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Africa is stronger than yesterday

Illustration: Cemile Ağaç Yıldırım

Prof . Dr. Suleyman Kiziltoprak; Mimar Sinan Fine Arts University Faculty Member


Western-based African history has often portrayed the colonial era as a civilizing movement for Africa, not destruction. Africans were no longer the subjects of a history set in their own land. Today, Africa has begun to write its own story. Western powers, who have exploited the continent for centuries, spoke on behalf of Africa. Today, Africa speaks for itself and it is time for the whole world to listen to Africa. “25 May Africa Day” is the day to express this truth.


Africa Day is a day celebrated to commemorate the Organization of African Union, which was established by the coming together of 30 independent African countries on May 25, 1963. This organization was renamed the African Union in 2002. Africa Day is an important day to commemorate the progress made by the African Union in achieving its goals, particularly in protecting the human rights and freedoms of Africans.

African history begins with human history. In the first years of Islam, Muslims stepped into Africa in 615 before migrating from Mecca to Medina to fight for freedom. The acceptance of them by Negus, King of Abyssinia, in the lands that are called Ethiopia today is very important in terms of Islamic history, African history and the history of freedom. The fact that the headquarters of the African Union is located in Addis Ababa is also meaningful in this respect.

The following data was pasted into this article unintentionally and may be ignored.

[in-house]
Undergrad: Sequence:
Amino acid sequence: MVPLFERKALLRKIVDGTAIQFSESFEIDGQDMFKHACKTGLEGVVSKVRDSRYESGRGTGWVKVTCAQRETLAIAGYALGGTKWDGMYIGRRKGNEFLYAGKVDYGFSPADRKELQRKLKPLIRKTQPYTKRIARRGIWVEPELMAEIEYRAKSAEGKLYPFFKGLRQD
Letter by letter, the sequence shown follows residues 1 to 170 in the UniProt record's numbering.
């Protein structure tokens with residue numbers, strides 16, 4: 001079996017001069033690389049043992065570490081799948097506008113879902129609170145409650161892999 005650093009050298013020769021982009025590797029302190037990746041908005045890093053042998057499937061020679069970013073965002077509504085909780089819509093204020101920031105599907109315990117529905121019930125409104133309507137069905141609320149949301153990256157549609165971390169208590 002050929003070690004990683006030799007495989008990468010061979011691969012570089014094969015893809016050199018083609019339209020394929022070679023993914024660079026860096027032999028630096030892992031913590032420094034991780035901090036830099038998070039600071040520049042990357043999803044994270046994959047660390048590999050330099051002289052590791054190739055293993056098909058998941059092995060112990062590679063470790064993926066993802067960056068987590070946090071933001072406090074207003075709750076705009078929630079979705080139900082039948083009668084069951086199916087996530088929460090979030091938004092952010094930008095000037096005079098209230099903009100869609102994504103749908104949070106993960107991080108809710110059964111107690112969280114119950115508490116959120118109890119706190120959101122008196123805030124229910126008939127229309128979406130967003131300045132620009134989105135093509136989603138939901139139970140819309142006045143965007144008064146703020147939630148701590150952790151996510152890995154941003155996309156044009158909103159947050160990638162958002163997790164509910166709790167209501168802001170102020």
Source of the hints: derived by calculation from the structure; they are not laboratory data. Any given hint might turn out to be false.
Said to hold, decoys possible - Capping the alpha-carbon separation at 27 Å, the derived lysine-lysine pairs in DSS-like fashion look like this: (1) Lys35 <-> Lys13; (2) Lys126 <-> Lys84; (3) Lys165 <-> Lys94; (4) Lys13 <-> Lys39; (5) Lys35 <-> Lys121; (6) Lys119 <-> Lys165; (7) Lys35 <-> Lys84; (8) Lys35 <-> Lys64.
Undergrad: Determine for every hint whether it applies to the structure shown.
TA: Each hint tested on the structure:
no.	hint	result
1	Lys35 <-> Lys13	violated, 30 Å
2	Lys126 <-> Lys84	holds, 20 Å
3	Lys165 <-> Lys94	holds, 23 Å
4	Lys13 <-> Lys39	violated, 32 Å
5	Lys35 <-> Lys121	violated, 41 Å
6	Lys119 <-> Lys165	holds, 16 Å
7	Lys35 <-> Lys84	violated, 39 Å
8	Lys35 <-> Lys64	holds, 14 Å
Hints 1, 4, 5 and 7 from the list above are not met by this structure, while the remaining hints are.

The African Union has called for more unity, solidarity and friendship among African countries to date. It supported African countries’ liberation from occupations, their protection of human dignity and their struggle for rights against those following colonialist and apartheid/discrimination policies (the regime implemented by minority whites in South Africa until 1992). He made efforts to ensure the political, cultural, economic and social cooperation of all people in Africa, one of the three ancient continents of the world.

If an evaluation is made in the context of the African Union, the fact that the Union consists of 55 independent countries today is a result of its success against the colonial powers. The Union made a significant contribution to ending the apartheid process in South Africa under the leadership of Nelson Mandela. Unfortunately, the genocide in Rwanda was not effective in preventing chaos and civil war in countries such as Libya and Somalia.

Are the Colonial Policies Finished?

African countries gained their independence one by one after the Second World War. However, although the colonists recognized these independences, the colonialist did not stop maintaining the network of relations. Although some countries have taken important steps in terms of democratization, some restrictions still remain when looking at the whole continent. What happened in the process known as the Arab Spring, which started in North Africa, could not fully initiate the democratic and transparent management process that the peoples expected. Even in Tunisia, which succeeded in making a democratic constitution, what happened is considered as “two steps forward and one step back”.